"Battersea Power Station’s future remains in doubt as the fantastic hulk of the art-deco building itself remains in sorry dereliction.
Yesterday, the Guardian reported that the new owners of the £400m prime 36+ acre riverside site, Treasury Holdings, had scrapped development plans approved by Wandsworth Council in November last year and speculated whether London might be about to lose the four iconic chimneys altogether to yet another bland, luxury, residential development if the Power Station is allowed to further deteriorate beyond the realms of renovation." (Londonist)
Wandsworth Council and previous owners, Parkview, refused to even consider an alternative report by a team of three companies of concrete experts brought together by the World Monuments Fund & Twentieth Century Society, who have revealed that the chimneys can be repaired for half the cost of demolition and rebuilding.
The independent report also revealed there is no sign of structural distress in the chimneys. When Parkview bought the site thirteen years ago, they promised to restore it, but instead sat on it and did nothing, merely hanging onto it as property speculators. They pushed through planning permission to demolish the chimneys, full of promises to restore the building, but instead immediately flogged it for a £240m profit, since the value of the site had increased hugely as a result of planning permission to demolish the chimneys. Profit not renovation was evidently their aim.
UK voters can sign the government petition here.
The Guardian article can be read here.
Monday, March 26, 2007
*Bob Woolmer knew hotel-room killer
*He was ready to expose corruption
*Fixing enquiry into Ireland game
- The Daily Telegraph
Poison again - well, at least this time it's unlikely to be polonium. But now a possible crime from the past is emerging:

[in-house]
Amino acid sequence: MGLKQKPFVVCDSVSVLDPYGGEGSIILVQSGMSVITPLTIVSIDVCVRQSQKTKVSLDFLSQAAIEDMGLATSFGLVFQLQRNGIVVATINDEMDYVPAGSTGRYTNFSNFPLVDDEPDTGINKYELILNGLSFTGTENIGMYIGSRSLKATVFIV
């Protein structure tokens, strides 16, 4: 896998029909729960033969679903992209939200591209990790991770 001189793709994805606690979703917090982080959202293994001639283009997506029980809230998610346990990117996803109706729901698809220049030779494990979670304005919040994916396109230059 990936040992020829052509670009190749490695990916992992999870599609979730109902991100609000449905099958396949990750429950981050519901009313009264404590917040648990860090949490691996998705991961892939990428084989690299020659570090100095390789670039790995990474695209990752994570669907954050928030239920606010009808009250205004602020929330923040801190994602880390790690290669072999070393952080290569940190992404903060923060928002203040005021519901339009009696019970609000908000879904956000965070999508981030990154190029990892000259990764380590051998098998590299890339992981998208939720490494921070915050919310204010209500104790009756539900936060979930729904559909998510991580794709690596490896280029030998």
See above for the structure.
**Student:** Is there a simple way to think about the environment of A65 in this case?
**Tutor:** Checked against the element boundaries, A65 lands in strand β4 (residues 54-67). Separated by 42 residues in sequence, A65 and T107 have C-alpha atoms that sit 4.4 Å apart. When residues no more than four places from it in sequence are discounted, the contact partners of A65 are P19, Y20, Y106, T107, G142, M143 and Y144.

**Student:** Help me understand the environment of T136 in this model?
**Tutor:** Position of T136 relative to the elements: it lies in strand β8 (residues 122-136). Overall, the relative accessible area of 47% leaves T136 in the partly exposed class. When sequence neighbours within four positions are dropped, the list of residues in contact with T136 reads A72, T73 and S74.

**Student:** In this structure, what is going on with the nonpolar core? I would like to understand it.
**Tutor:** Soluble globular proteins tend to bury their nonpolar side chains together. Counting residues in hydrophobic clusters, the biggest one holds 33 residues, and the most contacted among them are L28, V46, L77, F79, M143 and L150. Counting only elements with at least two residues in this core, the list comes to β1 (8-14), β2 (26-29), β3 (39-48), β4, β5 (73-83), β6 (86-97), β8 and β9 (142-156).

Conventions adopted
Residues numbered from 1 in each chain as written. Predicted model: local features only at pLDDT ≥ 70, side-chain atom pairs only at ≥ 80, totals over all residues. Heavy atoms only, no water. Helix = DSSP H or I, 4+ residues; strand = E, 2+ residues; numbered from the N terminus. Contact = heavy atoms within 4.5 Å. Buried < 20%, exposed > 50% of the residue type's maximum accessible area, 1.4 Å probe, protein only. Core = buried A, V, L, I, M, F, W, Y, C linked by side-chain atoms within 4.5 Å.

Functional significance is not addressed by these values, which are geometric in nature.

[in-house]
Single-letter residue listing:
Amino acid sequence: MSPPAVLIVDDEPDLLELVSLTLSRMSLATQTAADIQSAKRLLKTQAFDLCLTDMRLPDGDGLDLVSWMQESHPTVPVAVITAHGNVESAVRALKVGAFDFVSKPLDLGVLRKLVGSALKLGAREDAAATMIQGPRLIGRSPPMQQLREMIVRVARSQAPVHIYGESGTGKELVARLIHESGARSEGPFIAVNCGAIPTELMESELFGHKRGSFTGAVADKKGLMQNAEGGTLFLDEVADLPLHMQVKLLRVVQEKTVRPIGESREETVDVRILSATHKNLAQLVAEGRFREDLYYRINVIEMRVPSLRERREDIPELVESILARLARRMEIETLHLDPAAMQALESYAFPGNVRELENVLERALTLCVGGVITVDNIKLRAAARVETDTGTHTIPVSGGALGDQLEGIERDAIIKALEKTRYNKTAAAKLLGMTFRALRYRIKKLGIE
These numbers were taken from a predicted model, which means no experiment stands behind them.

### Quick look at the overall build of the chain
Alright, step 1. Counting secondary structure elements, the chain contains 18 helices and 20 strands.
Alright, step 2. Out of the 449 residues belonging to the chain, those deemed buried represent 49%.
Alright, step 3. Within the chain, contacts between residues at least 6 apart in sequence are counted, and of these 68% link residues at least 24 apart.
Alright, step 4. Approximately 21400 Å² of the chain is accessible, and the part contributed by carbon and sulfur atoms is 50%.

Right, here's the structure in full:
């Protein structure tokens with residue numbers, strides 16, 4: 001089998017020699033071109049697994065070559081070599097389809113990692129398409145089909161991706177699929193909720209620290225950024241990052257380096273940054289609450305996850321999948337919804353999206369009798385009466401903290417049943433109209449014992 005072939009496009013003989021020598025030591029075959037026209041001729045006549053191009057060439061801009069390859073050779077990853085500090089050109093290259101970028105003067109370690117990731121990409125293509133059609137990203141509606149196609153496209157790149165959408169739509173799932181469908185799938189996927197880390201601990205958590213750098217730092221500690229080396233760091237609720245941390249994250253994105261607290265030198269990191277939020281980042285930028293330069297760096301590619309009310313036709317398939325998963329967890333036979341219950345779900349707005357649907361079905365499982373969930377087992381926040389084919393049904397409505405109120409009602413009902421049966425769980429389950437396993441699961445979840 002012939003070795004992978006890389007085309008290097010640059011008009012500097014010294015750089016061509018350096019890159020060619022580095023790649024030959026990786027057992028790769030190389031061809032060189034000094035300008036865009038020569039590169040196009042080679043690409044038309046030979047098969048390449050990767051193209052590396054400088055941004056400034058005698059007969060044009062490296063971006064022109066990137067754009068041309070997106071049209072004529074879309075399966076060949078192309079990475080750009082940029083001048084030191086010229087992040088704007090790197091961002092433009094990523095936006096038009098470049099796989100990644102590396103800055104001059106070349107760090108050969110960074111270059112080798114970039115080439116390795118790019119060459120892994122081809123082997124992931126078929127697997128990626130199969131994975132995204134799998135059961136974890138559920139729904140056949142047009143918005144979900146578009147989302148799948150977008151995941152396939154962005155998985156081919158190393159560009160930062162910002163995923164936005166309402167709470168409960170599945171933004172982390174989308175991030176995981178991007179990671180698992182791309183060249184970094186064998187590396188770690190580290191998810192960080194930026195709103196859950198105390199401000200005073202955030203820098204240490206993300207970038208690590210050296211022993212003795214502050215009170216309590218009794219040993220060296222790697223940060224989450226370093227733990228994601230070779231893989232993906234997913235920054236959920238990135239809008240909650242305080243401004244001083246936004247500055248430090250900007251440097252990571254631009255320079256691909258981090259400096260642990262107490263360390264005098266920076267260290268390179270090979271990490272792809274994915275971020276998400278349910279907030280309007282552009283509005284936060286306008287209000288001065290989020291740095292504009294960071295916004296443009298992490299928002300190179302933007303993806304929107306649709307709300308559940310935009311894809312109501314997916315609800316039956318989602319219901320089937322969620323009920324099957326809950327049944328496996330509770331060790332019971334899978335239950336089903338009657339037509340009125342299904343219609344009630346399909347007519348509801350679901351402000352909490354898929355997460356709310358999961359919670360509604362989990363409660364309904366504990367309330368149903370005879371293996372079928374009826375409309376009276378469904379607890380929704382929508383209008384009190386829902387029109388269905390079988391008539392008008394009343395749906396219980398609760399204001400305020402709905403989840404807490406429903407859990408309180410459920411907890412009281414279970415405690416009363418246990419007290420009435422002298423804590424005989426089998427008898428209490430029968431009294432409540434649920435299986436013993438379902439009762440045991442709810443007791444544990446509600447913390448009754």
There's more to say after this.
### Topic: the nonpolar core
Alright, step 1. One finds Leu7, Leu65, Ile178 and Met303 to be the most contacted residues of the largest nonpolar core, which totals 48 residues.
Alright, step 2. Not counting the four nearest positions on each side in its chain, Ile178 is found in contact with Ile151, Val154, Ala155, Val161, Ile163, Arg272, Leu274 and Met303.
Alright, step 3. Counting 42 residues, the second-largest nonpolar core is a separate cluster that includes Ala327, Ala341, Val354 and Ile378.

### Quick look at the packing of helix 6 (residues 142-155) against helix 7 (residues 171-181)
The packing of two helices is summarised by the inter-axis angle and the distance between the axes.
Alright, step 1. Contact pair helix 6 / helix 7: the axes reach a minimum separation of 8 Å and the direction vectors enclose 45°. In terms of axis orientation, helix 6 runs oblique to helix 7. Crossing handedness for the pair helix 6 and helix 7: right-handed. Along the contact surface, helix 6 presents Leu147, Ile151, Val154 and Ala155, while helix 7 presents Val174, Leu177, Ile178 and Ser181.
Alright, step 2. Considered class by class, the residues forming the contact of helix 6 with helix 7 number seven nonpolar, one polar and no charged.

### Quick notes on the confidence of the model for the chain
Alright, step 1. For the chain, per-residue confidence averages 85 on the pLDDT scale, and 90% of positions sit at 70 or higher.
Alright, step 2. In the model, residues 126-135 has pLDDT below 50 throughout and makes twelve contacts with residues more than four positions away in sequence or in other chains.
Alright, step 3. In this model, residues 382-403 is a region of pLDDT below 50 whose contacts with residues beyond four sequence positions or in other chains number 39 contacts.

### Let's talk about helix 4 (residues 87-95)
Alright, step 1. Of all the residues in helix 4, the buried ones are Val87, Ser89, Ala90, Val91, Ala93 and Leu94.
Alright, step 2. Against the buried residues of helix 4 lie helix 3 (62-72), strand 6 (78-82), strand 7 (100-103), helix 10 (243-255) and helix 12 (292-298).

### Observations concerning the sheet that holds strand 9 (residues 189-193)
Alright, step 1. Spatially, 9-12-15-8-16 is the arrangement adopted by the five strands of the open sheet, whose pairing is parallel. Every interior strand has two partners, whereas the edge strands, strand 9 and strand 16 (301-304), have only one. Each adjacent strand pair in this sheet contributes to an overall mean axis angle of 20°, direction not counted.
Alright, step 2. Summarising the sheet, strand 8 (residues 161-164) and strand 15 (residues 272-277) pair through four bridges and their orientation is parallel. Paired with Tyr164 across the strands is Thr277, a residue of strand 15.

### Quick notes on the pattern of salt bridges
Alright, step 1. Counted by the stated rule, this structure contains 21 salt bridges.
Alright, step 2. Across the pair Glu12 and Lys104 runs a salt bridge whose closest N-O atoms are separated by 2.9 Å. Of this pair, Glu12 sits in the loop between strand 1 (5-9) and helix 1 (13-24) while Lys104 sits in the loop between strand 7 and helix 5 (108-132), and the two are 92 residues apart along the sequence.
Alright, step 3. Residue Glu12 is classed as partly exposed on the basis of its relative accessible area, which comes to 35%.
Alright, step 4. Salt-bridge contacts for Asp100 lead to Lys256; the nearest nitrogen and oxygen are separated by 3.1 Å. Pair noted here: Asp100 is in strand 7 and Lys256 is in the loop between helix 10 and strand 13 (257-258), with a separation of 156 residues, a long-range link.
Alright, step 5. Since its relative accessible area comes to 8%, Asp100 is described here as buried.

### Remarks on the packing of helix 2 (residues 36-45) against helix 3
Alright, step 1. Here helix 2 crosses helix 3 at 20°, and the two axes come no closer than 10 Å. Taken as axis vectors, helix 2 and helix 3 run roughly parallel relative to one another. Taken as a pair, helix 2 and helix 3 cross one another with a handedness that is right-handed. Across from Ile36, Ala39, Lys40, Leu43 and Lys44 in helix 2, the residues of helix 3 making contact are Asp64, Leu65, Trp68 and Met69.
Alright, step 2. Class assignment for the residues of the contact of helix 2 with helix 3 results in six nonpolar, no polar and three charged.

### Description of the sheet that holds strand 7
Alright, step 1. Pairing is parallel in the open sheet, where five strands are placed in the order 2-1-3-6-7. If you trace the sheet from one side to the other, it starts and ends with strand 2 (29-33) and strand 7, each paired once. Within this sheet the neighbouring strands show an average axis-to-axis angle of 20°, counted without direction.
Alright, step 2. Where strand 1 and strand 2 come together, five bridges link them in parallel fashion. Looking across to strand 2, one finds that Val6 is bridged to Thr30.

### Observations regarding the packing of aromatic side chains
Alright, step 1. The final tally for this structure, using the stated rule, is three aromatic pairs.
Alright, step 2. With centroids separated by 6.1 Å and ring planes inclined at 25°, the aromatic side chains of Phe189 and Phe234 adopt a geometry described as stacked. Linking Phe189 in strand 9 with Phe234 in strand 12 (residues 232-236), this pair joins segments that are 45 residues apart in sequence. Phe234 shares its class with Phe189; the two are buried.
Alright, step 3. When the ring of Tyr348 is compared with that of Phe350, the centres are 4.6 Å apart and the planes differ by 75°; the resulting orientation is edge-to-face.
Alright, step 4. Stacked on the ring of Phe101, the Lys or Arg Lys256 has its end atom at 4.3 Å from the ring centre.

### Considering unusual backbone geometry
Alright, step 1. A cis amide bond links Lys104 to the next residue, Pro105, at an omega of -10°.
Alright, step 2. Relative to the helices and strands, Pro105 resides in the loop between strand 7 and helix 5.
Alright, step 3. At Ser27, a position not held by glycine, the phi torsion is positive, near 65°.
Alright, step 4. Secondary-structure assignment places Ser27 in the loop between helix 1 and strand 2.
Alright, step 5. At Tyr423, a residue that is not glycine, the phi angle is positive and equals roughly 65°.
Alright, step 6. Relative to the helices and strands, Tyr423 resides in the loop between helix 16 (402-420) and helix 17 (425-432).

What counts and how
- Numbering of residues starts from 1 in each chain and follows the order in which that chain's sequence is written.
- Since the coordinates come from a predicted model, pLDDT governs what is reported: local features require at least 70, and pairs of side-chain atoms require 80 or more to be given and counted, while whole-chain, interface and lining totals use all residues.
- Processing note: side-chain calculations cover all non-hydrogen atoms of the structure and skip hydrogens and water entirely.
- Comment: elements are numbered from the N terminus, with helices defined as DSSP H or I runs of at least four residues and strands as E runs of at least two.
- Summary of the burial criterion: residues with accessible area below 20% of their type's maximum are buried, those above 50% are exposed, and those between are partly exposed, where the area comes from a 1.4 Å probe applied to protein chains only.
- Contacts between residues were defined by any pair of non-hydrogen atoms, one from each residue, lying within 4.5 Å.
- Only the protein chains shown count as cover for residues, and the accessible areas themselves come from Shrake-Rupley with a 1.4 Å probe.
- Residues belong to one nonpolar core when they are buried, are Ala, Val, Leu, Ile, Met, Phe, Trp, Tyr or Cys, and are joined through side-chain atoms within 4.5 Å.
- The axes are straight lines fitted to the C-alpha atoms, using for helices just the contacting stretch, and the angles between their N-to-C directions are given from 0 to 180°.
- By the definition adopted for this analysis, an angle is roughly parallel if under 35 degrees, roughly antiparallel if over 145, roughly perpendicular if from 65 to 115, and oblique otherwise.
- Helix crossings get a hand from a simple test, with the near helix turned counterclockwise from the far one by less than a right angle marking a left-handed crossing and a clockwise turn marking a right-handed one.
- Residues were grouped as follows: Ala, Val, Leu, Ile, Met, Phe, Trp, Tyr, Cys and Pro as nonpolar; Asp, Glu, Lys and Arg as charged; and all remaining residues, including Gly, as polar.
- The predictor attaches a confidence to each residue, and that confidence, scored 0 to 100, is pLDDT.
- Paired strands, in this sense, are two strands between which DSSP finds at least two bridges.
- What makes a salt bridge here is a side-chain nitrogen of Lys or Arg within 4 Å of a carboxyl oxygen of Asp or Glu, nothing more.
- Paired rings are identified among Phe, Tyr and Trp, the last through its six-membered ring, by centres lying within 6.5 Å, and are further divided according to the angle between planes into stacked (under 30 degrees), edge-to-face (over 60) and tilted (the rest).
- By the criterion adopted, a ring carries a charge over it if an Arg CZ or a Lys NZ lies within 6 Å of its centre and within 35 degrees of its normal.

Family to test Houdini’s body for poison “Descendants of Harry Houdini announced plans to exhume his remains following claims he was poisoned.” - The Daily Telegraph
Houdini died suddenly in 1926 – an international conspiracy of spiritualists is suspected. Houdini mocked the spiritualists. Sir Arthur Conan Doyle, a keen spiritualist, wrote that Houdini would “get his just desserts very exactly meted out”.
Gay British men pay fertility clinic £33,000 for designer babies - Sunday Times. The Fertitilty Institutes, the clinic in Los Angeles runs the programme. A Gay baby boom!
the tell-tail clue to decoding dog behaviour – it’s how they wag ‘em - Dogs wag their tails to the right when they see something fmiliar, such as their owner, and to the left when confronted with something they want to run away from, it was revealed yesterday. The bias is subtle, requiring video analysis to spot.” - The Daily Telegraph
Will Italy’s laws to cut bad driving get lost in the traffic?
5,000 died, 330,000 injured on Italian roads last year. - The Daily Telegraph
I wonder how the figures compare to the UK's? As a pedestrian, I would like to praise Italian drivers - they are amazingly polite and chivalrous towards idiotic tourist pedestrians. Totally unlike the French or British. A British pedestrian's life is very miserable. Just yesterday I got hooted at by an irate driver while I was crossing the street in front of my own home - miles away from his speeding car.
Lowry's dark imagination comes to light - The Observer. Disturbing and sexually deviant drawings have remained hidden since the iconic British painter's death in 1976.
Hmmm. LS Lowry left his entire estate to a teenage girl fan. I'm actually not a fan of his stuff.
Tate buys women's art for sex equality - The Sunday Times. The Tate does not possess a single Georgia O'Keefe or Frida Kahlo.
"Silicon Valley's dot-com era may be givig way to the watt-com era. Out of the ashes of the Internet bust, many technology veterans have regrouped and found a new mission in alternative energy: developing wind power, solar panels, ethanol plants and hydrogen-powered cars." - The New York Times
Fyffes warns of dearer bananas “Britain’s favourite food – the humble banana – is set to increase in price after Fyffes, one of the world’s largest importers, said it would pass on soaring costs of production to consumers.” - The Daily Telegraph